debkafile, citing Western intelligence sources, reports Thursday, June 28, that the Republican Guard battalion commander charged with the Syrian president’s security is keeping Bashar Assad shut away in his “Unity” palace. Assad and his family may not leave the building without the commander’s permission under an order current since the second half of last week. It is not clear to whom the commander defers in this case and who in fact actually determines whether Assad can come or go.
Asked by debkafile if an element in the Republican Guard ordered the palace placed under siege to prevent the president and his family fleeing, those Western sources replied that the situation could be described as a “partial siege” which is constantly expanding. They added, in response to another question about the Syrian ruler’s freedom of movement, that neither Assad nor members of his family are able to leave the palace to go anywhere and they are aware of the restrictions placed on their movements.
"Because of the partial siege and these restrictions," said those intelligence sources, "Assad and his wife are both in very low spirits and the atmosphere inside the palace is very bleak."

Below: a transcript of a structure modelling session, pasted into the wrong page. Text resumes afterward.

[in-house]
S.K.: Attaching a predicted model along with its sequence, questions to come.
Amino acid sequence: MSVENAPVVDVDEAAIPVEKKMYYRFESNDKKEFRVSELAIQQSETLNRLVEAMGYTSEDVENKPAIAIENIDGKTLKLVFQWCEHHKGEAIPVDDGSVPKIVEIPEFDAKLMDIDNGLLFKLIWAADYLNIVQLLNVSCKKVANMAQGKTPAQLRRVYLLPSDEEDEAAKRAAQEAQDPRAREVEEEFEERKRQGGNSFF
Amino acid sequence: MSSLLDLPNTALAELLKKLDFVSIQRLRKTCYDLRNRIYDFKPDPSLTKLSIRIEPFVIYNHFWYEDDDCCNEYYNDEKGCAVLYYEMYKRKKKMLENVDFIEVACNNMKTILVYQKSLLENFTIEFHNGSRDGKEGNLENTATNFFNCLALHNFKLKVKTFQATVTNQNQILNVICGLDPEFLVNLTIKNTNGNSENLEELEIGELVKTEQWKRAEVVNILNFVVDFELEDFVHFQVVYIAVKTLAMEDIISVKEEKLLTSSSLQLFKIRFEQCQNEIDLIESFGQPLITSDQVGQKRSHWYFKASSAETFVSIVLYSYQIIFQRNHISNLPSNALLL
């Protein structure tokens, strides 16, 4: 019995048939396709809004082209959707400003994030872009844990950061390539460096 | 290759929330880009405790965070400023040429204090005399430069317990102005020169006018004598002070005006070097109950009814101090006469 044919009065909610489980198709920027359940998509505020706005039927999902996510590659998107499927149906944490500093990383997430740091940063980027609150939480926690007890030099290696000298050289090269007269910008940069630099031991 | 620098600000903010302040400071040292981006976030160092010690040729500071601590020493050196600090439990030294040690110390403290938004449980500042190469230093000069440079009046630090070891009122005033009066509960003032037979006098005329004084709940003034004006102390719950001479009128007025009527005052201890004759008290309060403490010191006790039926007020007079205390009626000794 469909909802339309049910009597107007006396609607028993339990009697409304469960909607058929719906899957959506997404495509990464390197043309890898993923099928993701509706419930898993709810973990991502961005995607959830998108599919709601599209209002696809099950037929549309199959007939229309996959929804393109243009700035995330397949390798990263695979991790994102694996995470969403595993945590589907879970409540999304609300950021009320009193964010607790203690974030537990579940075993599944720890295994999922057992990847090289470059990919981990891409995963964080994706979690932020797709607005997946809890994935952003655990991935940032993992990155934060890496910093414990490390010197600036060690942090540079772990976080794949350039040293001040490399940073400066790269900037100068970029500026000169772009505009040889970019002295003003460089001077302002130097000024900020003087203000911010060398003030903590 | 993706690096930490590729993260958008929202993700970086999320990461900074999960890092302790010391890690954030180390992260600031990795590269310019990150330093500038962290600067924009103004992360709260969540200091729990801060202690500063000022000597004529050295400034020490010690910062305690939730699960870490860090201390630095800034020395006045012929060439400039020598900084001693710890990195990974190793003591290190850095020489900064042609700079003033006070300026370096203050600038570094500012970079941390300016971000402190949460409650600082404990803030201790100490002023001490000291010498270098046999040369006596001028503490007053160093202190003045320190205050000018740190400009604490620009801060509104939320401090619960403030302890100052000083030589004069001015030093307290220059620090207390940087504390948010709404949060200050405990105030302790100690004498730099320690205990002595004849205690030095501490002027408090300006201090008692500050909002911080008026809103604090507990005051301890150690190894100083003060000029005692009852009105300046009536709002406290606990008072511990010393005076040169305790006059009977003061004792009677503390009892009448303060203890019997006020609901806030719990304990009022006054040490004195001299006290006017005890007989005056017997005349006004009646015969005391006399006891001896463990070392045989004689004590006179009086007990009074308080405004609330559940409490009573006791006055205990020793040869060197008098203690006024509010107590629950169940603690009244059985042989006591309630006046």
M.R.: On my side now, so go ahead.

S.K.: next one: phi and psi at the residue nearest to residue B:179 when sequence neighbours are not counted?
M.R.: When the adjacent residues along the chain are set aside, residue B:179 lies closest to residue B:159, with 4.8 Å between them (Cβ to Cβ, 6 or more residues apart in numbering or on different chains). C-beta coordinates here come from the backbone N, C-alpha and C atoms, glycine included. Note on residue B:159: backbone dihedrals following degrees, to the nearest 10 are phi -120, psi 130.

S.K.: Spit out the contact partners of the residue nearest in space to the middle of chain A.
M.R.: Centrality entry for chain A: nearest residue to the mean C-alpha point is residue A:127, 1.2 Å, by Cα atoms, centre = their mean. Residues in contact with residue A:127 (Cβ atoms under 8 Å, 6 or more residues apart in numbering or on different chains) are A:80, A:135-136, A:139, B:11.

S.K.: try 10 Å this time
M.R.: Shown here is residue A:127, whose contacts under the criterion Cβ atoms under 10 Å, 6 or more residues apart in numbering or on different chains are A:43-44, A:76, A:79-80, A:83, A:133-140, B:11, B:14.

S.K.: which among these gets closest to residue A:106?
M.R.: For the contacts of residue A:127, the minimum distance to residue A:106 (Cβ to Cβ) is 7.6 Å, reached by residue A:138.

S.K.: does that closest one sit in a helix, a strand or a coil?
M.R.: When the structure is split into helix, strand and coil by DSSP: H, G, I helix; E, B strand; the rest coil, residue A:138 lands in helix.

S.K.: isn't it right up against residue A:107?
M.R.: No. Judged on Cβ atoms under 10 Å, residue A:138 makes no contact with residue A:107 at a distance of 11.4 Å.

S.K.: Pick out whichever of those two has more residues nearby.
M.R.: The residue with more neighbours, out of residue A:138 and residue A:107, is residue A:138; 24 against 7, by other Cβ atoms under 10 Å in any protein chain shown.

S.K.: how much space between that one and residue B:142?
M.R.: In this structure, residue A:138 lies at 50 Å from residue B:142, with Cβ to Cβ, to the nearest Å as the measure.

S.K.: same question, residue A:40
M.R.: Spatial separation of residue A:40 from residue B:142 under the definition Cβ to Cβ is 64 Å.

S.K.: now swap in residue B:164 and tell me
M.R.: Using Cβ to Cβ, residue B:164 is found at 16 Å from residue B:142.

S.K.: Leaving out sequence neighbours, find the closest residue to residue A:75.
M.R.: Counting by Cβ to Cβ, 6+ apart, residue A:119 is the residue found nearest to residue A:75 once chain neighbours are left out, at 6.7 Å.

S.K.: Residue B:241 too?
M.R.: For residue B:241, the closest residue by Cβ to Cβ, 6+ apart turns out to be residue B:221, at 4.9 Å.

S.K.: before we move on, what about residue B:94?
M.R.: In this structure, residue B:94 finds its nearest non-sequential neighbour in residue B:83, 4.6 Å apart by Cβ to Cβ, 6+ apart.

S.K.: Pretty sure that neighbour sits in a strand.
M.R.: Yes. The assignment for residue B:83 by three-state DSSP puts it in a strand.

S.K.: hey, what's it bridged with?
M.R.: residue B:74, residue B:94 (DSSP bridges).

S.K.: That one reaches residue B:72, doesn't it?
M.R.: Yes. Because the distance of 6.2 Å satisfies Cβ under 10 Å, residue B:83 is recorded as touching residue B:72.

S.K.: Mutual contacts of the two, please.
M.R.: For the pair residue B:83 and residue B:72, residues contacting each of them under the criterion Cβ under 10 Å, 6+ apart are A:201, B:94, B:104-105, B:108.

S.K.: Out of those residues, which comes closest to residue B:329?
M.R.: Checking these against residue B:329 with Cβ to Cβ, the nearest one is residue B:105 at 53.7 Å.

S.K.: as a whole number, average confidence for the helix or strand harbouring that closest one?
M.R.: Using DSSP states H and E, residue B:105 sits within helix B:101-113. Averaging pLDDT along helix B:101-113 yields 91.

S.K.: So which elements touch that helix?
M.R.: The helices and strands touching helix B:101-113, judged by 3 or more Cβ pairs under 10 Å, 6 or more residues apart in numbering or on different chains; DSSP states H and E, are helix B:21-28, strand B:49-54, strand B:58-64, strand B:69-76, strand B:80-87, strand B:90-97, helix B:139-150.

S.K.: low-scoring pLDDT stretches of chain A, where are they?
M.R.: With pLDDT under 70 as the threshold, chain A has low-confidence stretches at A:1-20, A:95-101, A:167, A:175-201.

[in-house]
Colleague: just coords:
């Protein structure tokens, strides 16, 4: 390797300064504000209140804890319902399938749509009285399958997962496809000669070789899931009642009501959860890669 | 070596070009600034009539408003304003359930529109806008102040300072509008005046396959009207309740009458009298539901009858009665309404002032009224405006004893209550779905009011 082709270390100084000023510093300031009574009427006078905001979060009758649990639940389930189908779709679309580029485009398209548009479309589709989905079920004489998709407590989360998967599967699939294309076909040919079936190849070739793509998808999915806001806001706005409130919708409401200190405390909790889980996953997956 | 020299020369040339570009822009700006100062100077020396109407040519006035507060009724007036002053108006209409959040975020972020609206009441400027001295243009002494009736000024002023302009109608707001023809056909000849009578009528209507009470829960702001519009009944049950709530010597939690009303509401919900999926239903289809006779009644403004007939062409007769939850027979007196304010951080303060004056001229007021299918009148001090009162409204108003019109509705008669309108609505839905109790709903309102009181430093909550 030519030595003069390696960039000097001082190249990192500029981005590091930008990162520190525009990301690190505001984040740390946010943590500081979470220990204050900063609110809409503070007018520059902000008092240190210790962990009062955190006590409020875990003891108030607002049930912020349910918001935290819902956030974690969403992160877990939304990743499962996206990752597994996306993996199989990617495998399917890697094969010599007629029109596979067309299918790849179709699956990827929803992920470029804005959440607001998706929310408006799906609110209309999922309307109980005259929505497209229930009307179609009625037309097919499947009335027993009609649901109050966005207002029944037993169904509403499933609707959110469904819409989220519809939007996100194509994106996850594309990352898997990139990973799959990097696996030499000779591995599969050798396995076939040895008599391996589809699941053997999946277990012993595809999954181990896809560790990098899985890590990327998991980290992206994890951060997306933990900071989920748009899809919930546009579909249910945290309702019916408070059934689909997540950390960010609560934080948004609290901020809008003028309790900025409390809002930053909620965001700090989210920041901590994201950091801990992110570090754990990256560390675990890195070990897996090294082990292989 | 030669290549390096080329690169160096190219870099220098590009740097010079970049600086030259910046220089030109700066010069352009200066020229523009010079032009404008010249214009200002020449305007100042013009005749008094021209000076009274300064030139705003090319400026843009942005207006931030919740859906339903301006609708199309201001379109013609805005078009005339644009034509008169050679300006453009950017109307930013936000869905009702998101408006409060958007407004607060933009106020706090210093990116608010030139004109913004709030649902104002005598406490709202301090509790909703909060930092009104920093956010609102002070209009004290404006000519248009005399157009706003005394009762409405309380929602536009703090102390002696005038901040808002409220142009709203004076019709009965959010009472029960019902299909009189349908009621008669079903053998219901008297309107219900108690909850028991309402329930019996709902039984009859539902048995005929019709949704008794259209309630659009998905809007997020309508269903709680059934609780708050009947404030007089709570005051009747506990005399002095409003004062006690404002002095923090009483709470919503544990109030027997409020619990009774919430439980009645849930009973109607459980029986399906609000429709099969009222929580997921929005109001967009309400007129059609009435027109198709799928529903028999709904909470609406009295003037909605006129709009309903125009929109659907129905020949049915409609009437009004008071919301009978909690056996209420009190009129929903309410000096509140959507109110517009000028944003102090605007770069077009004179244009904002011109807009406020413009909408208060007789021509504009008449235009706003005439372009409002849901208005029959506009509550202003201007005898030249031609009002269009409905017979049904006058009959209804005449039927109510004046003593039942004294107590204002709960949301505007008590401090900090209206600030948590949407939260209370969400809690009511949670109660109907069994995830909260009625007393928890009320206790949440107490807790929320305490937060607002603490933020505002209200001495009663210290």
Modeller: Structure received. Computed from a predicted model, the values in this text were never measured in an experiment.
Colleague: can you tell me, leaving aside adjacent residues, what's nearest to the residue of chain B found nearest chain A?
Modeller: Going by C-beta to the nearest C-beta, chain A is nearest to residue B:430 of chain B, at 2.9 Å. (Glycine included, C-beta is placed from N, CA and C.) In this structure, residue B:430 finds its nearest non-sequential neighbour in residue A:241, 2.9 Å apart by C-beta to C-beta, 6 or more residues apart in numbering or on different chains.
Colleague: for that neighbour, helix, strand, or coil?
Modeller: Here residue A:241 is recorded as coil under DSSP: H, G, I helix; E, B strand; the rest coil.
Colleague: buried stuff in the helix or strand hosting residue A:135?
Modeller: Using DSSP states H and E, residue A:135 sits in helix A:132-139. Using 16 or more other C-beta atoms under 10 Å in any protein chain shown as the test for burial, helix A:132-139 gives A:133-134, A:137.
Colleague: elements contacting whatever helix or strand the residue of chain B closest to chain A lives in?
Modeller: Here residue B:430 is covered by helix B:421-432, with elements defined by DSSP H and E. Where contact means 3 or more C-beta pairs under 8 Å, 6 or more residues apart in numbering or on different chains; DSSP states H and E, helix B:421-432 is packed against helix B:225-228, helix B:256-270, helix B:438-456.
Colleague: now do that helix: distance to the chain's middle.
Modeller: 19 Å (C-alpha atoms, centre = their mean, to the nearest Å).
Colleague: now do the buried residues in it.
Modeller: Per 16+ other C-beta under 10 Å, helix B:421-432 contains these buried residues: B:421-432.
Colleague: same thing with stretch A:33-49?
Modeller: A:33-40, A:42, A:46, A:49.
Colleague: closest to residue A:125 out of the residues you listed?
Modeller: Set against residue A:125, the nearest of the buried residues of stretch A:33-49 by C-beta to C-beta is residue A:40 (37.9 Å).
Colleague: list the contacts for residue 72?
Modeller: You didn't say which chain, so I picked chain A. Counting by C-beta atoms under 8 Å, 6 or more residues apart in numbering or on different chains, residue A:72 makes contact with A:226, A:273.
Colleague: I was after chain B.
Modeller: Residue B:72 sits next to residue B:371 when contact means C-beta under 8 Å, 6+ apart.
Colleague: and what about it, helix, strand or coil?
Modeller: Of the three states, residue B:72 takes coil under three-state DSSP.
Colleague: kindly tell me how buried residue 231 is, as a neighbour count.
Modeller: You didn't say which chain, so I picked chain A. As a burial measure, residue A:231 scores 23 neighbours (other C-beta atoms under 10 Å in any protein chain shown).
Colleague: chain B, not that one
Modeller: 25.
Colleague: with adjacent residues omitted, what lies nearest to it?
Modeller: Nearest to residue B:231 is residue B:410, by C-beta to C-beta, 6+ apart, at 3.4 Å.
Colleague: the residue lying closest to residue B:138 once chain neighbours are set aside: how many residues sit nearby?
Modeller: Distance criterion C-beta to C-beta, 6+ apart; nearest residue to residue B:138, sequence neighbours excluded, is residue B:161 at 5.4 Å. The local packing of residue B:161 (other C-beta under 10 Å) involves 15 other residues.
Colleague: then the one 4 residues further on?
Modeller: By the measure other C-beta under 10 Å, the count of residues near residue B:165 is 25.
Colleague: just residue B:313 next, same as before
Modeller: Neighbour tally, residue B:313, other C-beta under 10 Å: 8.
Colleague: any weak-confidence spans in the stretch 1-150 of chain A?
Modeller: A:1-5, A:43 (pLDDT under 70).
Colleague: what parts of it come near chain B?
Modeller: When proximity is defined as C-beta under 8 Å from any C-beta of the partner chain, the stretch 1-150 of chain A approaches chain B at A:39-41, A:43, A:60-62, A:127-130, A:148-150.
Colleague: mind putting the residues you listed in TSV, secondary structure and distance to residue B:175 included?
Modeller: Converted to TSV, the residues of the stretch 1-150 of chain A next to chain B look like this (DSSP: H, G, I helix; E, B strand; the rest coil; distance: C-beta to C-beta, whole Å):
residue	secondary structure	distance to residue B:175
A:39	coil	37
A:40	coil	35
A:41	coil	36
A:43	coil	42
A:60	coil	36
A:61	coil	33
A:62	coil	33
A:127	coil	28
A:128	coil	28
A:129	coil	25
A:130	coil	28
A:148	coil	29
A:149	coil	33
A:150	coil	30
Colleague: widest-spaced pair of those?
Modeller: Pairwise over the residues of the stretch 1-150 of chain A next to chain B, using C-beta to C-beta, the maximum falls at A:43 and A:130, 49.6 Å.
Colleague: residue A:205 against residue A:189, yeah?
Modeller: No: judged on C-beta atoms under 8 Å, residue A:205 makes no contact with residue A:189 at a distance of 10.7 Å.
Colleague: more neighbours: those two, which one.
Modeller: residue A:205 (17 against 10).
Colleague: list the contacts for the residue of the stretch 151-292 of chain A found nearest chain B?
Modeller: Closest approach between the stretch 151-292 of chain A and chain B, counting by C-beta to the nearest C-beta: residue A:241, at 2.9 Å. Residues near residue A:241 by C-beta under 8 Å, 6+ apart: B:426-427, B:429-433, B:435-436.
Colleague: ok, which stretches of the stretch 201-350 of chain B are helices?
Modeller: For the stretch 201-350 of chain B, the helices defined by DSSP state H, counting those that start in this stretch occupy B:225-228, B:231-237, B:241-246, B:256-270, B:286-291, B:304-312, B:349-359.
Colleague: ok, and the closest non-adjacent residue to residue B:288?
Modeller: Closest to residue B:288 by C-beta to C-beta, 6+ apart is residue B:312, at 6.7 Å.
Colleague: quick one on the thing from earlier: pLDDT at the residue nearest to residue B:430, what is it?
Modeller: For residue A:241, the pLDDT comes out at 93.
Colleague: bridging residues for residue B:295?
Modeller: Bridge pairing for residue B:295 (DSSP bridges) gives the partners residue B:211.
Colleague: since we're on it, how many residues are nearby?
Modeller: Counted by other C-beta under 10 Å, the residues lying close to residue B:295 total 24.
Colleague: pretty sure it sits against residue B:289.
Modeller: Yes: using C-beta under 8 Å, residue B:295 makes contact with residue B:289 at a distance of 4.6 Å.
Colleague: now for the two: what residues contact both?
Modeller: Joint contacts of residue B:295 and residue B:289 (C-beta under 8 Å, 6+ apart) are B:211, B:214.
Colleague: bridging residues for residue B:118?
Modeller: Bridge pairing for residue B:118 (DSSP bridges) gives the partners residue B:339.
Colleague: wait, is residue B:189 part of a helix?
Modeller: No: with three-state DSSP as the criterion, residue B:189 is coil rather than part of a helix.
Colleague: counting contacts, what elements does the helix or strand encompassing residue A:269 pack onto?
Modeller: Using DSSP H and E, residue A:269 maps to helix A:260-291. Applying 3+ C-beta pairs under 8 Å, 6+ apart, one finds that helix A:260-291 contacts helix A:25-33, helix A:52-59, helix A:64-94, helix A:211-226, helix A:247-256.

The video clips showing the Syrian president and his wife Asma happily playing badminton in the palace grounds were released this week by the regime’s propaganda arm – apparently to belie the rumors spreading in Damascus about the first family’s virtual imprisonment in their own palace.
In fact, say the sources, “"Inside the palace, Assad and his family are so mistrustful of their immediate circle that food tasters are on hand in to partake in advance of all the food and drink served them.” The tasters belong to the elite unit of Syrian military intelligence. They were brought in after at least two attempts by Syrian rebel associates to sneak poisoned food into the palace. It was discovered before causing harm or even death.
"Bashar Assad won’t even drink a glass of water unless his personal food taster first swallows at least a quarter of its contents."
It is important to note, said the Western sources, that access to the Assad palace on Mt. Qaisoun on the outskirts of Damascus is gained only through two underground roads which are fortified against aerial bombardment and invisible to spies in the sky. The two roads serve the separate entrance and exit from the palace.
All vehicles using the roads, including supply trucks, belong to Syrian intelligence services. The drivers and porters unloading the vehicles – although intelligence personnel – are all closely watched at all times, starting with detailed inspections when they arrive at the entrance to one of the roads.
The rebels’ success in planting poison in one of those closely vetted supply trucks attests to their success in penetrating some of the layers of security protecting the persons of the president and his family.